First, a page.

Last year, opioid-related enforcement was the U.S. Department of Justice's top priority, in addition to a sustained focus on the prosecution of private individuals and data-driven identification of health care fraud, say attorneys at Mintz.
For outside firms wondering how to best support busy in-house lawyers, several practices can help navigate critical legal issues and novel business challenges while strengthening the working relationship, says Virginia Hudson, associate general counsel at Capital One.
In the 50 years since the Racketeer Influenced and Corrupt Organizations Act was passed, courts' attempts to clarify the statute have had some success, but many interpretive dilemmas remain unresolved, says Randy Gordon of Barnes & Thornburg.
Attorneys at FaegreBD assess major drug and device law developments from last year, which featured heightened pressure on opioids and vaping, and Federal Trade Commission concerns over plaintiffs' legal ads.
New York state lawmakers should pass legislation that would allow consideration of a family’s mental anguish and emotional loss in wrongful death litigation so that courts are not limited to calculations of a decedent's economic worth or predeath pain and suffering, says David Perecman of The Perecman Firm.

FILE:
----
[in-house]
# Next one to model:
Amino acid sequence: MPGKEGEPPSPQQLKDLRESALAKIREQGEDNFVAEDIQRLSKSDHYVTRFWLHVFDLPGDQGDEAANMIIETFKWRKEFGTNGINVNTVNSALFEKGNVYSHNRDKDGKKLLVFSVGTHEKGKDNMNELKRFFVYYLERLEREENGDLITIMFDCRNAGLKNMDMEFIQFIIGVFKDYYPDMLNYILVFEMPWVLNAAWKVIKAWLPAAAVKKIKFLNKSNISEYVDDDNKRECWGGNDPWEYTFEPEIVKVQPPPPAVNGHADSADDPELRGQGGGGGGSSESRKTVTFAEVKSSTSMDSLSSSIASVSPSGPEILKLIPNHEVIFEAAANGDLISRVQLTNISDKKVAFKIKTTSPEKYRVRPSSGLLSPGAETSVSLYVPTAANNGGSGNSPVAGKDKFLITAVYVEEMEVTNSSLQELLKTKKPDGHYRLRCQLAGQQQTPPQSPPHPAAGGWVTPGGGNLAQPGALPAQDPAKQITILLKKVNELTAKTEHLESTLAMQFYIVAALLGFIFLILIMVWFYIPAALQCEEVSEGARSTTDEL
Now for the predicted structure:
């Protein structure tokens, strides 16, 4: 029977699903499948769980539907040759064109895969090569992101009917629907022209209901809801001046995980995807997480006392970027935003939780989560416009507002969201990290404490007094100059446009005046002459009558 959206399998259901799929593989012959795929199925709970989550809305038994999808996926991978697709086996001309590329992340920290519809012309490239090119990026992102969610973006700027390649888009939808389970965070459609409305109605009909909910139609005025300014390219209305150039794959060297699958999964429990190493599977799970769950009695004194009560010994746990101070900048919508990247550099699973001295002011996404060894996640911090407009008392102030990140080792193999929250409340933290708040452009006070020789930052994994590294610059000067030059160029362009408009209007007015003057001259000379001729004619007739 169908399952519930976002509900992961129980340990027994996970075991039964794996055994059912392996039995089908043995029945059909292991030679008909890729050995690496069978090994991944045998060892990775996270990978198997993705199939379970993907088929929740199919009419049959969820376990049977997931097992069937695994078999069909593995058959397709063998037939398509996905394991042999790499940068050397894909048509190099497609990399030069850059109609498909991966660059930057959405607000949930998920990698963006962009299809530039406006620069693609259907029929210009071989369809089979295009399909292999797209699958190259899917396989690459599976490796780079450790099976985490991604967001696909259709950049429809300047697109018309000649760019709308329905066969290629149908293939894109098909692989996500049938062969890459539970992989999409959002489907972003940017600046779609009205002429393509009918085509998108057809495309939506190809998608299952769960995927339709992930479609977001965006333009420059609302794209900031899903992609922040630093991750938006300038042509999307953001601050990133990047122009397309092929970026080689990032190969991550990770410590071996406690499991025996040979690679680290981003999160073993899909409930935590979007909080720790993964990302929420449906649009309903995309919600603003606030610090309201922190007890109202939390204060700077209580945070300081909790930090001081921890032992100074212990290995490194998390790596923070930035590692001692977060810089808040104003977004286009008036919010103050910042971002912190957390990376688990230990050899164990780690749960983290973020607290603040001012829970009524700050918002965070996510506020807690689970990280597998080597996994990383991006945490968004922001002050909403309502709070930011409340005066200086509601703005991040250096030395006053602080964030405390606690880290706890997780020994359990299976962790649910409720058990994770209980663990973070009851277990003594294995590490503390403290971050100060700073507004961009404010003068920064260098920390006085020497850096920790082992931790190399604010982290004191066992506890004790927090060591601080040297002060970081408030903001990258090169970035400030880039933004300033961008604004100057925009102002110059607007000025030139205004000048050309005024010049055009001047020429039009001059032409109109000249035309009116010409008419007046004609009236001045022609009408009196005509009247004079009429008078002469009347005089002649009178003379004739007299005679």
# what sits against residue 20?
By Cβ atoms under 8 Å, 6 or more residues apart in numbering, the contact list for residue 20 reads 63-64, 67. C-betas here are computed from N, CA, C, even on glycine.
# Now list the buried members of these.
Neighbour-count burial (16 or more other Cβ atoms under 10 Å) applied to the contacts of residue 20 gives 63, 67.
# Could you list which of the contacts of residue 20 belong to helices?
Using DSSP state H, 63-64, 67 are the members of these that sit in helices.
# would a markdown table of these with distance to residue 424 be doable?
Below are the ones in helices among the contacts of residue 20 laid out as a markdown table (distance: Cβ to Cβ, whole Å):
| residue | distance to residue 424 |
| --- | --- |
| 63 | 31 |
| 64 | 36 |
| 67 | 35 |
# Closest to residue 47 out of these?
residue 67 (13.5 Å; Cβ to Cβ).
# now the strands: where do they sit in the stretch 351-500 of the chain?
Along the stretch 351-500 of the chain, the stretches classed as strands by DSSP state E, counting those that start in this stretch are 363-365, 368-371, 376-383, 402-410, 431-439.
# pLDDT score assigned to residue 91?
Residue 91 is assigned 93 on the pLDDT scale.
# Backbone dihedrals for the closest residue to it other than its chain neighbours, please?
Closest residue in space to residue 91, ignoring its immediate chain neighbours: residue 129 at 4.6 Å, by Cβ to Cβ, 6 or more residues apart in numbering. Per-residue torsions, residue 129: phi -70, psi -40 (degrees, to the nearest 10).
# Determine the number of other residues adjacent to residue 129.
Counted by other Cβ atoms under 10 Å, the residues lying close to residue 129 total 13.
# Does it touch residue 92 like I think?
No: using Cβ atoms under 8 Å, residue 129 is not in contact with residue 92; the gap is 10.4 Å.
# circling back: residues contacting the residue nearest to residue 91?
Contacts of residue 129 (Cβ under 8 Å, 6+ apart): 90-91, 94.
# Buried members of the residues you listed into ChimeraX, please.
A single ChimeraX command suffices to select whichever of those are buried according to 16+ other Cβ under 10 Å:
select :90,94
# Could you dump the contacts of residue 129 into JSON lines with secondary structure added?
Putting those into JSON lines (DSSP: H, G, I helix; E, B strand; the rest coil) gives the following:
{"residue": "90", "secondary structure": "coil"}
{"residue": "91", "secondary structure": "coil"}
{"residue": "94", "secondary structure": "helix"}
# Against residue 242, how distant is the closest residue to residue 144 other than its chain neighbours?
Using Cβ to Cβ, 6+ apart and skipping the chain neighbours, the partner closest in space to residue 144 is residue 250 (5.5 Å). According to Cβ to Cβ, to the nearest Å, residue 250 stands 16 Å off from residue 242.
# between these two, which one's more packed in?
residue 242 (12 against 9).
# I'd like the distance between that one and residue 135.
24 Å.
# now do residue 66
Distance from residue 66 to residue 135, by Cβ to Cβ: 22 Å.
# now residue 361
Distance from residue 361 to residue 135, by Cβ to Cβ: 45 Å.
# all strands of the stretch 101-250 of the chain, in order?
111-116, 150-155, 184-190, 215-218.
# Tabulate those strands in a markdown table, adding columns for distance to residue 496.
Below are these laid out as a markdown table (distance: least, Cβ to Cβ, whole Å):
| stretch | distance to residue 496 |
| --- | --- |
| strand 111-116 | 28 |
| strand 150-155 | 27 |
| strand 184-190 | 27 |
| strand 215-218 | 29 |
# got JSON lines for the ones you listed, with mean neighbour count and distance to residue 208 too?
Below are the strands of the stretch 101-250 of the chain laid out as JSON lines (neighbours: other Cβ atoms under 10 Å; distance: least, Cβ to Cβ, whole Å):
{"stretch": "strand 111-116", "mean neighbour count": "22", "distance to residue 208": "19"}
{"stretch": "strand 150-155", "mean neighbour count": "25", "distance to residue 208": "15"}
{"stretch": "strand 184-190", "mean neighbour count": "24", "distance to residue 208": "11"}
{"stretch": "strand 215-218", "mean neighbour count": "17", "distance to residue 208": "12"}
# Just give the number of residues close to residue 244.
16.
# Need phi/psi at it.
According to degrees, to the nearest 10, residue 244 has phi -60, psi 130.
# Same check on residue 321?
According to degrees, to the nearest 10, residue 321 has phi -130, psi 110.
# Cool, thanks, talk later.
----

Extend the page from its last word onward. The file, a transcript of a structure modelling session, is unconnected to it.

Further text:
As ethical constraints on pretrial social media use evolve, the American Bar Association's Model Rules and several court opinions provide guidance on avoiding violations when collecting evidence, researching jurors and friending judges, say Hilary Gerzhoy and Mark Davis at Harris Wiltshire.
Because the American Bar Association's new rule on diversity continues to use the Model Rules of Professional Conduct as a cultural bludgeon, states should create independent codes limited to constitutionally valid purposes of attorney regulation, says Bradley Abramson of Alliance Defending Freedom.
As we approach the first anniversary of the American Bar Association's adoption of guidelines for the appointment and use of special masters in civil litigation, retired U.S. District Judge Shira Scheindlin, now at Stroock, explains how special masters can help parties and courts with faster decision-making and subject matter expertise.